Rebeccah Kilty (MBA ’21) is no stranger to career coaching. Before pursuing her Darden MBA, Rebeccah managed Harvard Business School’s career coaching program, from overseeing its budget to trendspotting in coaching data analysis. Coaching is what she “loves to do,” and it’s what led her to a full-time role with Qualtrics, an experience management tech company. Learn more about how Rebeccah uses her breadth of leadership experience and knowledge to give back to the Darden community as a SY Coach.
Where are you from?
I’m originally from York County in rural south-central Pennsylvania, where I grew up on a horse farm. (Fun fact: my high school graduating class was 15 people – one of whom is a classmate here with me at Darden!) I went to Tufts University for undergrad and stuck around the greater Boston area until moving to Charlottesville for my MBA.
What was your role prior to coming to Darden?
Prior to Darden, I worked at Harvard Business School managing our career coaching program, comprised of 50 part-time contractors. My primary responsibilities included coordinating student and alumni programs, analyzing coaching data for trends, and managing my team’s $1M annual budget. Before HBS, I worked in coworking space management, where I helped launch a new location and developed the business model for event space rentals.
What was your FY summer internship?
I interned this past summer at Wayfair on their Talent team. My project was to develop a go-to-market strategy for a global employee resource center – everything from a staffing model, implementation plan, technology improvements, and more. While there were certain parameters around regulations that we had to work within, my project enabled me to dive deep into employee pain points and think critically about change management strategy.
I also had the chance to lead a cross-functional project with other interns in my cohort that focused on how Wayfair can improve its employer brand, specifically with underrepresented minorities in tech. Both my official internship project and this cross-functional intern project were immediately implemented at Wayfair, which was awesome to see the direct impact of my work!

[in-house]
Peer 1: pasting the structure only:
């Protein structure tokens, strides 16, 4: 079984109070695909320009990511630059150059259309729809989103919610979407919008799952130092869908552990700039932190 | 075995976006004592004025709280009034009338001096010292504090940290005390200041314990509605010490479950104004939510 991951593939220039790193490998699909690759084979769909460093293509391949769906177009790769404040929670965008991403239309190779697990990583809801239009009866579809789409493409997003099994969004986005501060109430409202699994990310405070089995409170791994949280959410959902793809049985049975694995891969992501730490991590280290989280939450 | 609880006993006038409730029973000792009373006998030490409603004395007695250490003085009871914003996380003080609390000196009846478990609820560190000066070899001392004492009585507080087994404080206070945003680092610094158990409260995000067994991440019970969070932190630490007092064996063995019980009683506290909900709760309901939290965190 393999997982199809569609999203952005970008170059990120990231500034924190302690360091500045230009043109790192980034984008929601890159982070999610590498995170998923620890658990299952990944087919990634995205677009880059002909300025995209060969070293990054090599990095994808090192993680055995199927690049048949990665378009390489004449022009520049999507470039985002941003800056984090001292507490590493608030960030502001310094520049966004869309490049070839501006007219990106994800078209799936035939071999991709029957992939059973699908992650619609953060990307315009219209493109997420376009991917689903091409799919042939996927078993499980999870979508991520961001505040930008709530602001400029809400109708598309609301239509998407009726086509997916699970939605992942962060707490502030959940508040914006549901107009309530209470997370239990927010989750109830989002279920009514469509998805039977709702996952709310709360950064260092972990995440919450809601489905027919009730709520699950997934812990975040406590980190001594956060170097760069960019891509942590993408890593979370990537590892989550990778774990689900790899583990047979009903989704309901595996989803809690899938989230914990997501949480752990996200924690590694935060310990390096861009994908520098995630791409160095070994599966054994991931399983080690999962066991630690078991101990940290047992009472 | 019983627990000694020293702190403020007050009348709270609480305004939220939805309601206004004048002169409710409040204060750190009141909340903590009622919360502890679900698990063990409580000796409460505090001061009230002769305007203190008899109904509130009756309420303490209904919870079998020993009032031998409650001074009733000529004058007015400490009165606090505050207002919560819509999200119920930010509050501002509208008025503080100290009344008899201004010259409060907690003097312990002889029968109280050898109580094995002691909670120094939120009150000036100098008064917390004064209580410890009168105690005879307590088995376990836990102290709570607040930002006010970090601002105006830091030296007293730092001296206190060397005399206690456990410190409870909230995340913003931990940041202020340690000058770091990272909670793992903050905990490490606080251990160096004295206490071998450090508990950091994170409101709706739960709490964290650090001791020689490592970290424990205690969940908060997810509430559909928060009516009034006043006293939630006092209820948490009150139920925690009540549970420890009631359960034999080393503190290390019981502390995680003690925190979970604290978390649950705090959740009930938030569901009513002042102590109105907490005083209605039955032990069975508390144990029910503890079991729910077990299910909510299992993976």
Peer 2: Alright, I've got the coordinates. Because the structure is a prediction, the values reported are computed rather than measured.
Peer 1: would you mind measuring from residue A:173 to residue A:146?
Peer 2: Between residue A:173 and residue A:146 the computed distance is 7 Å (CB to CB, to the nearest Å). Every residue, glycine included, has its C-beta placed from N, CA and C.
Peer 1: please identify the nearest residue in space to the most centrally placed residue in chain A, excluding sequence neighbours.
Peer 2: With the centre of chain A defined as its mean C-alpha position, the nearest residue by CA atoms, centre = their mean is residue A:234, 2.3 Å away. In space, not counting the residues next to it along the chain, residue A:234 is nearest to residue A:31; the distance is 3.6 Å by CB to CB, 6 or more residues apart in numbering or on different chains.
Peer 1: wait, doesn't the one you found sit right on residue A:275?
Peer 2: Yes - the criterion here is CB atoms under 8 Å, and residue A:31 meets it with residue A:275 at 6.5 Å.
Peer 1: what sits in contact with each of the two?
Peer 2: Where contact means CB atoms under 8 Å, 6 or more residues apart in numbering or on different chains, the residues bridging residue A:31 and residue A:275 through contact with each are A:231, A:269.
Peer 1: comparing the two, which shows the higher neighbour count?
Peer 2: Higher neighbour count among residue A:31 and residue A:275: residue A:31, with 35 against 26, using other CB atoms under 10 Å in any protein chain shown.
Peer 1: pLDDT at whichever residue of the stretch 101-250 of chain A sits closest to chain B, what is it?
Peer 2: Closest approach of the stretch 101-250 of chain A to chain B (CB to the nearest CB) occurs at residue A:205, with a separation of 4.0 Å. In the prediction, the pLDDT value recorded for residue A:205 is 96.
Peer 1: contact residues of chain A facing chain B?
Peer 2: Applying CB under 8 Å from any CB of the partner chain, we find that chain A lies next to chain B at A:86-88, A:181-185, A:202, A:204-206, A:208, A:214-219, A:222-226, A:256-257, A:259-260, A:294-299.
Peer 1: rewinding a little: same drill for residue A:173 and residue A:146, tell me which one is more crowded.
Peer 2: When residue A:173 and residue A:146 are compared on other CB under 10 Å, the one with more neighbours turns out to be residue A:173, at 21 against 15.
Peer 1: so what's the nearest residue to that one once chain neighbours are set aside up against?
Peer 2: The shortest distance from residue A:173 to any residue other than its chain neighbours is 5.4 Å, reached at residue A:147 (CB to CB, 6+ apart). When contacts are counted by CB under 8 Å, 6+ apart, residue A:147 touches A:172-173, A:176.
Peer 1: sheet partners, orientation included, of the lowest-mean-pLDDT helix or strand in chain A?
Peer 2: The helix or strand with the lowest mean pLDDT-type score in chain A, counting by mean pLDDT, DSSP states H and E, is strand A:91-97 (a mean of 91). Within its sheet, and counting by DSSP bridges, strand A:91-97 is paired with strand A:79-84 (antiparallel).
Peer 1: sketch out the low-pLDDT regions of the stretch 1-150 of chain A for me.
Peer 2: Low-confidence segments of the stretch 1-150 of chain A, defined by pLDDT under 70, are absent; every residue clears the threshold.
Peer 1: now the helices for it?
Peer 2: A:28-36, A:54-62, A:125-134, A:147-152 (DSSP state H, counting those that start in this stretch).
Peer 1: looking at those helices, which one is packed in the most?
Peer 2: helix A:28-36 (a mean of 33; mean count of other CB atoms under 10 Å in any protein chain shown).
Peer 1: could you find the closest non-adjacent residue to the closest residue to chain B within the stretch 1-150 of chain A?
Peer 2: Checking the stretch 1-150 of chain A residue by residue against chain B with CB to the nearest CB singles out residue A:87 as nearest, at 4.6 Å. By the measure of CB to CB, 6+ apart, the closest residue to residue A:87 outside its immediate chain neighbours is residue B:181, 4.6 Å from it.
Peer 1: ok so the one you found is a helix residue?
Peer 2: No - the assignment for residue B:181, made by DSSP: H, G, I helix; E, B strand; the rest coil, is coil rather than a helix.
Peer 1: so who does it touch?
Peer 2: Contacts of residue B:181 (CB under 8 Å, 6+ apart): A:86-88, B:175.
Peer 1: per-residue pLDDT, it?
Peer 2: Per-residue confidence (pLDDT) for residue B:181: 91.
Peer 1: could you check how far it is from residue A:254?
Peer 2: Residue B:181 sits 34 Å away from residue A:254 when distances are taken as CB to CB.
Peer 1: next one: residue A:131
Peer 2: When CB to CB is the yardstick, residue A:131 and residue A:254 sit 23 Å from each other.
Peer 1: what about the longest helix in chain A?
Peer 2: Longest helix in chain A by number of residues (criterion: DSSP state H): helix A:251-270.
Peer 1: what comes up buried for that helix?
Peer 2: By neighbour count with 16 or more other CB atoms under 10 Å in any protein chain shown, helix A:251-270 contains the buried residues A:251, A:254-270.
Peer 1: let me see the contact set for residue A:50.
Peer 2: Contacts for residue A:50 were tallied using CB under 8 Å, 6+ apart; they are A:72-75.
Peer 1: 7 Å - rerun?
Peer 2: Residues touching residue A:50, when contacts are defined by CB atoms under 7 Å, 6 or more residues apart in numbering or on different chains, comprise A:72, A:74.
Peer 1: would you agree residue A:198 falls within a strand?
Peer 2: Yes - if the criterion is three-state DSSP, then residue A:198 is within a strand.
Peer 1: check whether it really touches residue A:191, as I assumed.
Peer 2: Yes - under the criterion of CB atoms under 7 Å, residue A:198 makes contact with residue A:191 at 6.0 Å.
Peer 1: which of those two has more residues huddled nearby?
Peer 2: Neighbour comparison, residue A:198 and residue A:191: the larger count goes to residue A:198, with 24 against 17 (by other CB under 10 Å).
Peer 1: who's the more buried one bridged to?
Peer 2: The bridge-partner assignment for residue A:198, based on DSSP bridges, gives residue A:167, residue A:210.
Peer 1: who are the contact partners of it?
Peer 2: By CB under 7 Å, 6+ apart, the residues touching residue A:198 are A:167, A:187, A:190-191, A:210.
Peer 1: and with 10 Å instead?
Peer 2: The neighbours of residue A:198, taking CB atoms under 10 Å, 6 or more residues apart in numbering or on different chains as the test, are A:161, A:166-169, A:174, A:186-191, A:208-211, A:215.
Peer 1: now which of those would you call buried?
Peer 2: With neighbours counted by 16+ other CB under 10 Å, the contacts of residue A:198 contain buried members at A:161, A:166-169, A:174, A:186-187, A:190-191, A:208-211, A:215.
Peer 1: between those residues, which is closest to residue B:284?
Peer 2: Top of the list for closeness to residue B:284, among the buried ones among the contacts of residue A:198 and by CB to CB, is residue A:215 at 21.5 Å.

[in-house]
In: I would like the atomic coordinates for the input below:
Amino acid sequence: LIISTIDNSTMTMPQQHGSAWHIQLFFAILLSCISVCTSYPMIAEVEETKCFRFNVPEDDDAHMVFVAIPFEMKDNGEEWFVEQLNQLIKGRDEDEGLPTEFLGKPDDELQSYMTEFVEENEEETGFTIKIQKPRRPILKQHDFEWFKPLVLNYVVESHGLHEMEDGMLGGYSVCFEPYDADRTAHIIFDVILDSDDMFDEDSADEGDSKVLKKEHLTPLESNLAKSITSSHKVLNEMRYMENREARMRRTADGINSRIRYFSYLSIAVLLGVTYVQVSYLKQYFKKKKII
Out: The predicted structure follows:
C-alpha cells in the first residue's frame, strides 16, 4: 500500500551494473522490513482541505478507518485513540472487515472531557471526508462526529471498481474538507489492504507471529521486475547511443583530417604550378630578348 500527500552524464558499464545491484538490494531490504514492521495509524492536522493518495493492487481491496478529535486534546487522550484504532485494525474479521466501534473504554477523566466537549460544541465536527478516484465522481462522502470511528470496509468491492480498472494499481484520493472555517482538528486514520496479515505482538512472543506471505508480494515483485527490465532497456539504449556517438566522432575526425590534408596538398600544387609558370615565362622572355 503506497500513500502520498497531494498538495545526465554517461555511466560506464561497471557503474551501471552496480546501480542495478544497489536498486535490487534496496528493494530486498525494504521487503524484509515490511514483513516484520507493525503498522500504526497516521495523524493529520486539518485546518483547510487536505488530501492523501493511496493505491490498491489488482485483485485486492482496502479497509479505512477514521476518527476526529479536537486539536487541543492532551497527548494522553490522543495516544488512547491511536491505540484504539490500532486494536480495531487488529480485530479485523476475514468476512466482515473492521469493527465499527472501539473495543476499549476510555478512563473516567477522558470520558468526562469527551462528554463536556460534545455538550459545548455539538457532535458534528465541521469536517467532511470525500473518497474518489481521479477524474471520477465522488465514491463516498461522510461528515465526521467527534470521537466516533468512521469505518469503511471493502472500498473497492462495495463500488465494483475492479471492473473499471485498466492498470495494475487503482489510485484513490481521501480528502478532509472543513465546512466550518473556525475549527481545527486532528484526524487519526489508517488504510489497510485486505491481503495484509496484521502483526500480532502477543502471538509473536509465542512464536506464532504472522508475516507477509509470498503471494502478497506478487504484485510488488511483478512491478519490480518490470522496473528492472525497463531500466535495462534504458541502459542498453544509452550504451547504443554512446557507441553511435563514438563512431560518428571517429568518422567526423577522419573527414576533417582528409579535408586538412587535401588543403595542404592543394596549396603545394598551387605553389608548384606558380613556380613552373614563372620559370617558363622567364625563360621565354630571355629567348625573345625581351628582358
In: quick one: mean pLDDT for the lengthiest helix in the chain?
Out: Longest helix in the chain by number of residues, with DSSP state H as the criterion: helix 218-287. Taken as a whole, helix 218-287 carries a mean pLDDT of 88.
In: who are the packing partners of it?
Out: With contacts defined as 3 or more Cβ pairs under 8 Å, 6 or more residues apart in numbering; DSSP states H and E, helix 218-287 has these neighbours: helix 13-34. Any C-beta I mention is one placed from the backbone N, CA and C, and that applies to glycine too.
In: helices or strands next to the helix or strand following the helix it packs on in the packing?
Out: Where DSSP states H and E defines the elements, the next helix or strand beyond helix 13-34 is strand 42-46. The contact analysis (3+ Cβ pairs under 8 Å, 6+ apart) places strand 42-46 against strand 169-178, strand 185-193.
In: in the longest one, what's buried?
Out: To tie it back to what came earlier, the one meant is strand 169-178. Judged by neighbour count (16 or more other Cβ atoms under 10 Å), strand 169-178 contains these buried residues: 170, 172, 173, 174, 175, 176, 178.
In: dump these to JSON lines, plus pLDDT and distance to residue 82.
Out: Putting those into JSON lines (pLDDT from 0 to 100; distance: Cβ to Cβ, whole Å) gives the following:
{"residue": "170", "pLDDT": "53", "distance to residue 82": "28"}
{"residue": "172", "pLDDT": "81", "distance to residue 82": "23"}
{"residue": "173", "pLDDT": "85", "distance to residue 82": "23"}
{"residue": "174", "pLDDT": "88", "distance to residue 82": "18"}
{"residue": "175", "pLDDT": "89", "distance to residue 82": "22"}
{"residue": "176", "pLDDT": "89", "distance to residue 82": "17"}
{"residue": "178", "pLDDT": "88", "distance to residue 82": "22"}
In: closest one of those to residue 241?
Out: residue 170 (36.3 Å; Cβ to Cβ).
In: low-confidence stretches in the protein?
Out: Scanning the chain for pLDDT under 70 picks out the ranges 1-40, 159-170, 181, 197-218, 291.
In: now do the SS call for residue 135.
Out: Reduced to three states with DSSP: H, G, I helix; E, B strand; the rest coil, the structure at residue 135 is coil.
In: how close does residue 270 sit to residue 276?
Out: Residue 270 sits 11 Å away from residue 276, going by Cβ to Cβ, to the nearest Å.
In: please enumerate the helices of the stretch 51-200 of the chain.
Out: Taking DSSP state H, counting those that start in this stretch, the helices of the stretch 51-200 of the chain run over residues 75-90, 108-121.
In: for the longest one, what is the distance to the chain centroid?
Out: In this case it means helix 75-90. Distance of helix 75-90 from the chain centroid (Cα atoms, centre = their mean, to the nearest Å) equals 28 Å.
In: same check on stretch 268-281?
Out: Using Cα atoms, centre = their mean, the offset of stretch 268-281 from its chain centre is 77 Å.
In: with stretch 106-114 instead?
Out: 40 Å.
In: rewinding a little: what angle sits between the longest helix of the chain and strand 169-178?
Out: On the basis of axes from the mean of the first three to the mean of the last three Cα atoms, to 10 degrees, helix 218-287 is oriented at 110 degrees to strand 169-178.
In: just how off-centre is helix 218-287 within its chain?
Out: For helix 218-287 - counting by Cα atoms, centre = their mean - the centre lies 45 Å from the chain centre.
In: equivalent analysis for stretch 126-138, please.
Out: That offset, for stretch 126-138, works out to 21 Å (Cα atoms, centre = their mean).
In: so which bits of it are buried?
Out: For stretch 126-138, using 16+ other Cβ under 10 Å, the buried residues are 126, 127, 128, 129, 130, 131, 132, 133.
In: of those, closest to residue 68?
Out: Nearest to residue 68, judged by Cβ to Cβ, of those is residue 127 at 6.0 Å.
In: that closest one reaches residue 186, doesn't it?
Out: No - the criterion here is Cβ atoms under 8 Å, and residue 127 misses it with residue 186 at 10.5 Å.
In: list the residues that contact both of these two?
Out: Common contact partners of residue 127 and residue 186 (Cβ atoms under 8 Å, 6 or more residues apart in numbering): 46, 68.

What are your post-graduation plans?
Post-MBA, I’ll be joining Qualtrics as a Global Operations Manager, based in Provo, UT. My role is a perfect mix of what I love to do: coaching and process improvement. I’ll be directly managing a team of 15-20 recent college grads, with the goal of placing them out into the broader Qualtrics organization within 1-2 years. I’ll also have an influence on our customers’ pain points, finding innovative ways to improve our service offerings.
Even though I got an offer from my summer internship, I decided to decline in search of the right fit – I’m so glad I did! MBA recruiting can be a two year process. I first met with Qualtrics during my first year while on the Career Center-led Tech Trek, but they were relatively new to MBA hiring and weren’t hiring interns. We reconnected the fall of my second year and I ultimately received an offer this March!
Why did you become a SY coach?
Given my background in career services at HBS, I felt uniquely positioned to use that breadth of knowledge to give back to the community. The MBA recruiting process is completely foreign and confusing to many students coming in, so being able to demystify that was important to me. I also legitimately enjoy doing resume and cover letter reviews, which makes this job fun for me!
What have you learned about yourself and your coachees as a SY coach?
The power of listening is so important and it’s not something we are ever explicitly taught to do. Oftentimes, people already know the answer to a dilemma they are facing – you just need to give them the space to talk it through. That being said, you also have to motivate your coachees to action, because we all have a remarkable ability to avoid things we don’t want to do! Striking this balance is definitely a learning curve, but a skill I’ll use often in my career.
What is a powerful question you have asked your coachees to invoke discovery for themselves?
We move so fast here at Darden that it’s easy to get swept along with the crowd, especially for well-beaten career paths like banking and consulting. I like to pressure test my coachees assumptions for why they’re pursuing certain careers and make sure the path they’re taking aligns with what they actually want rather than what may be expected of them. Sometimes it takes hearing yourself struggle to justify choices out loud that makes you realize you’ve been moving down a career path that’s actually not a good fit for you.
What’s your favorite piece of career advice?
Be authentic and curious. Nobody likes talking with someone to just ‘check the box’. You’ll be much more motivated to network and have better conversations if you’re actually interested in the company.